Background: Tinnitus can be defined as a health condition characterized by the perception of sound, either in the head and/or ears, in the absence of any external acoustic stimulus. Perception is often quantified by self-report, or the use of patient reported outcome measures (PROMs). The purpose of this rapid review was to evaluate the level and quality of evidence regarding the use of serotonin and norepinephrine reuptake inhibitors (SNRI), selective serotonin reuptake inhibitors (SSRI), and tricyclic antidepressants as measured by tinnitus patient-reported outcome measures (PROMs) and/or Visual Analog Scales (VAS). Methods: The Cochrane Rapid Review guidelines were followed. The PICO mnemonic was used to “frame” the research question. The search strategy was developed and executed in three databases: MEDLINE, Embase, and Cochrane Central Register of Controlled Trials. Inclusion and exclusion criteria were established a priori. The search, identification, and selection process were plotted using the PRISMA Flow Diagram. Results were extracted to a custom form. Critical appraisal and risk of bias assessments were completed using standard critical appraisal tools. Results: Three hundred and seventy-five publications were identified and deduplicated, 286 were screened, 266 were deemed irrelevant. Twenty publications were identified for full text review. Seven randomized controlled trials (RCT) met the inclusion criteria and were assessed for design, quality, and bias. The level and quality of the RCT studies included were rated. Statistically significant benefits for amitriptyline, nortriptyline, fluoxetine with alprazolam, and sertraline were reported for tinnitus sufferers whereas fluoxetine alone, trazodone, vestipitant or vestipitant with paroxetine, or paroxetine alone did not demonstrate significant results. A meta-analysis was not completed due to the heterogeneity of studies. Conclusions: Despite promising results, there remains insufficient rigorous high-quality research evidence to indicate that antidepressants can effectively treat subjective tinnitus at this time.

Author Bio(s)

Dr. Emilie Vos:

Dr. Emilie Vos, B.H.Sc, Au.D., holds an Honors Specialization Bachelor's in Health Sciences with honors from Western University and a Doctor of Audiology with honors from Nova Southeastern University. Dr. Vos recently completed her residency at Weill Cornell Medicine in New York City. She is a life-longer learner that is passionate about helping individuals age successfully. Dr. Vos' clinical focus lies in audiologic rehabilitation, diagnostics, adult onset hearing loss adjustment, advanced amplification, and tinnitus management.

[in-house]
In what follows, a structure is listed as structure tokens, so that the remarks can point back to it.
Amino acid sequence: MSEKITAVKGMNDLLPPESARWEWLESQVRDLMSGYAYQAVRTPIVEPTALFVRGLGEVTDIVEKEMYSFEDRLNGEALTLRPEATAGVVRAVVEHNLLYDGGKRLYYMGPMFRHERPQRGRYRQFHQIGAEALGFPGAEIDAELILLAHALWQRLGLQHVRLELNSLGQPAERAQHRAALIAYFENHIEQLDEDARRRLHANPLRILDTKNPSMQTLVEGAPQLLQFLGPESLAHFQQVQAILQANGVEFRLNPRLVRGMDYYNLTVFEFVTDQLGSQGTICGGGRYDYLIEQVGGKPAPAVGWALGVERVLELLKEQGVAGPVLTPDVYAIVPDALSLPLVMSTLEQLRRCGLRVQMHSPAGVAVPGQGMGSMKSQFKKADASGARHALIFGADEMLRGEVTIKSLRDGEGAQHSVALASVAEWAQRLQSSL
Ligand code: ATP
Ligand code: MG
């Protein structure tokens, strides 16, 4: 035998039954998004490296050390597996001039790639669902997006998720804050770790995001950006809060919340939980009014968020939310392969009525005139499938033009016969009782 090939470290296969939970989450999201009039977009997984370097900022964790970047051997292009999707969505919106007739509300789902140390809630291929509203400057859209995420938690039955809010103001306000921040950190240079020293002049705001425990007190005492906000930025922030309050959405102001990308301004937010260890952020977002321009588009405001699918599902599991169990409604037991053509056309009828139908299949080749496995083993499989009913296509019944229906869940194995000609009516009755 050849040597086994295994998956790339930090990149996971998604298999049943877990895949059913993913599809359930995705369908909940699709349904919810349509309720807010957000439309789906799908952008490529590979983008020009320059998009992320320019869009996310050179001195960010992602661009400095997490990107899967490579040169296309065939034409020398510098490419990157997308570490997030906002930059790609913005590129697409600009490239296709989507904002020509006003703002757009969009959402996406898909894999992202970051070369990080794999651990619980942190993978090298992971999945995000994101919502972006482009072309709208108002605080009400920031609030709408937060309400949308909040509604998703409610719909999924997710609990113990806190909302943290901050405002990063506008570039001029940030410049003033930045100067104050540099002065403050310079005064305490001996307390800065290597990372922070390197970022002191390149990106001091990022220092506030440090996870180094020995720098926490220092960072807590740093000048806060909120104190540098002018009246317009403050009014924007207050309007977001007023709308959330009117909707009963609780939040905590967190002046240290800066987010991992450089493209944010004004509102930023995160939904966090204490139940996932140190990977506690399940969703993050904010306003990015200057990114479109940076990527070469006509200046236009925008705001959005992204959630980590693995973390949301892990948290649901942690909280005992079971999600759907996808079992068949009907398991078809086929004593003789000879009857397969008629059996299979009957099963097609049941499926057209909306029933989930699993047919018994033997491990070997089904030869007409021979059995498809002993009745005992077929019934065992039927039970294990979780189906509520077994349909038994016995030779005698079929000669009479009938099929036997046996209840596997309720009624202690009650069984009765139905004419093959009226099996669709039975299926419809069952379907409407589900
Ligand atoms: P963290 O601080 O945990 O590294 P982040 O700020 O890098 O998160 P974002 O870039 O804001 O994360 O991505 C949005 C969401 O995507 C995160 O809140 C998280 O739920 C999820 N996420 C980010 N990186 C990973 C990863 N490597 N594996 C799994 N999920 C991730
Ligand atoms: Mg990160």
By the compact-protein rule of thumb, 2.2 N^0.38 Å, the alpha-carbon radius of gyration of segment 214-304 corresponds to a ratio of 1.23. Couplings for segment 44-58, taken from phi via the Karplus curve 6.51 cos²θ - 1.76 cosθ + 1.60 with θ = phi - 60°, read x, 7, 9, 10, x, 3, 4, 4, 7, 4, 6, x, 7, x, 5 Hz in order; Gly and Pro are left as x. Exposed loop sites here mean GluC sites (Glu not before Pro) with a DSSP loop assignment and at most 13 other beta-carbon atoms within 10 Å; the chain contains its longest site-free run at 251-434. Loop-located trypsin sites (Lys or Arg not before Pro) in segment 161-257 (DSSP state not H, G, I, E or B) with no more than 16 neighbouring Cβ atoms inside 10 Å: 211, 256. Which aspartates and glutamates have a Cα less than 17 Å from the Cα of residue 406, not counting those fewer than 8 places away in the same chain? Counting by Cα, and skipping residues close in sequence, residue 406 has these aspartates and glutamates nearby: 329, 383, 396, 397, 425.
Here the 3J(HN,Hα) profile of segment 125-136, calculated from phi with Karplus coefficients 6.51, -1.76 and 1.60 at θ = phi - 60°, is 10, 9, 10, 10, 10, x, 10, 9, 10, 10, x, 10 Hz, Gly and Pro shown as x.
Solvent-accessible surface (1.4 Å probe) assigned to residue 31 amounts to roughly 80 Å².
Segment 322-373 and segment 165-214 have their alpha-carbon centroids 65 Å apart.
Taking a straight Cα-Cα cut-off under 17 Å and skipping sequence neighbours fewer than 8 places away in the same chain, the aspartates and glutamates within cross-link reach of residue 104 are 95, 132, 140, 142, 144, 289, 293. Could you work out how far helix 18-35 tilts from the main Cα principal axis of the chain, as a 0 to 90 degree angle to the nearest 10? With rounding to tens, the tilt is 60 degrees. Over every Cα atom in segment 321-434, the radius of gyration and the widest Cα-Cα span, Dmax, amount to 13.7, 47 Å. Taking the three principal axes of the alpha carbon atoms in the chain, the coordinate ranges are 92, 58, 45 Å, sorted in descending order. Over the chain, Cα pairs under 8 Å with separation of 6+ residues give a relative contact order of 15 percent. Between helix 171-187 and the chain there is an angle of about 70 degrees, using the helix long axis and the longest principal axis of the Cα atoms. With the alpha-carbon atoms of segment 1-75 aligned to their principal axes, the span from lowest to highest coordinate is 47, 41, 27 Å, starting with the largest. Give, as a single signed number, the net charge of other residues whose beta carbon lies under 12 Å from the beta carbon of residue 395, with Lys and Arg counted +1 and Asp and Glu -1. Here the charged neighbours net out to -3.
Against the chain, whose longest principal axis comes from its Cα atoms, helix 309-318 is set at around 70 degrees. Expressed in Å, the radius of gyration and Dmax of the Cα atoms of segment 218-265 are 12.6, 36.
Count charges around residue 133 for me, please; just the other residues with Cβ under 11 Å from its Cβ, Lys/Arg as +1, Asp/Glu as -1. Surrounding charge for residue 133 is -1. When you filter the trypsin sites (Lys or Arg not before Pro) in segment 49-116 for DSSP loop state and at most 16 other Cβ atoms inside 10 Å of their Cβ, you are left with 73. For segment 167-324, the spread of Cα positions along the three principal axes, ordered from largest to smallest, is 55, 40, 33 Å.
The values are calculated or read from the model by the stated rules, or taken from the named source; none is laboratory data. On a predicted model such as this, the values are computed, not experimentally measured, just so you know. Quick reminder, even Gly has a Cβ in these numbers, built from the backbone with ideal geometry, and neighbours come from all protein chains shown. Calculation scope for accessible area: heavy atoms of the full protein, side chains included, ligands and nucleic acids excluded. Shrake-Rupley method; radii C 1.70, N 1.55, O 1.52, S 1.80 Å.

Dr. Nannette Nicholson:

Nannette Nicholson, Ph.D. CCC/A is the Director of Audiology at Norton Sound Health Corporation in Nome, AK. Her areas of expertise include evidence-based practice, evidence synthesis, person-centered care, and aural rehabilitation.

Melinda Johnson:

Melinda Johnson, MA, MLIS, AHIP, is a reference librarian in the Martin and Gail Press Health Professions Division Library, Nova Southeastern University. She is the liaison librarian for the programs in the Dr. Pallavi Patel College of Health Care Sciences.

Dr. Karah Gotschalk:

Karah Gottschalk, Au.D., Ph.D. obtained her bachelor’s degree from the University of Florida, Doctor of Audiology (Au.D.) degree from the University of Louisville, and a Ph.D. in Gerontology from the University of Kentucky. She is currently a research audiologist at the Mountain Home VA. Her current research interests include aging in the auditory and vestibular system, tinnitus, and cognition.



Figure 1 PRISMA Flow Diagram_pdf.pdf (119 kB)
Prisma (pdf format)

Figure 1 PRISMA Flow Diagram.jpg (84 kB)
Prisma (jpg format)

Vos et al (2023) Tinnitus Study 05.19.23 Revision #1 Final Draft Clean Copy.docx (530 kB)
Revised Manuscript

PRISMA JPEG Revised.jpg (1016 kB)


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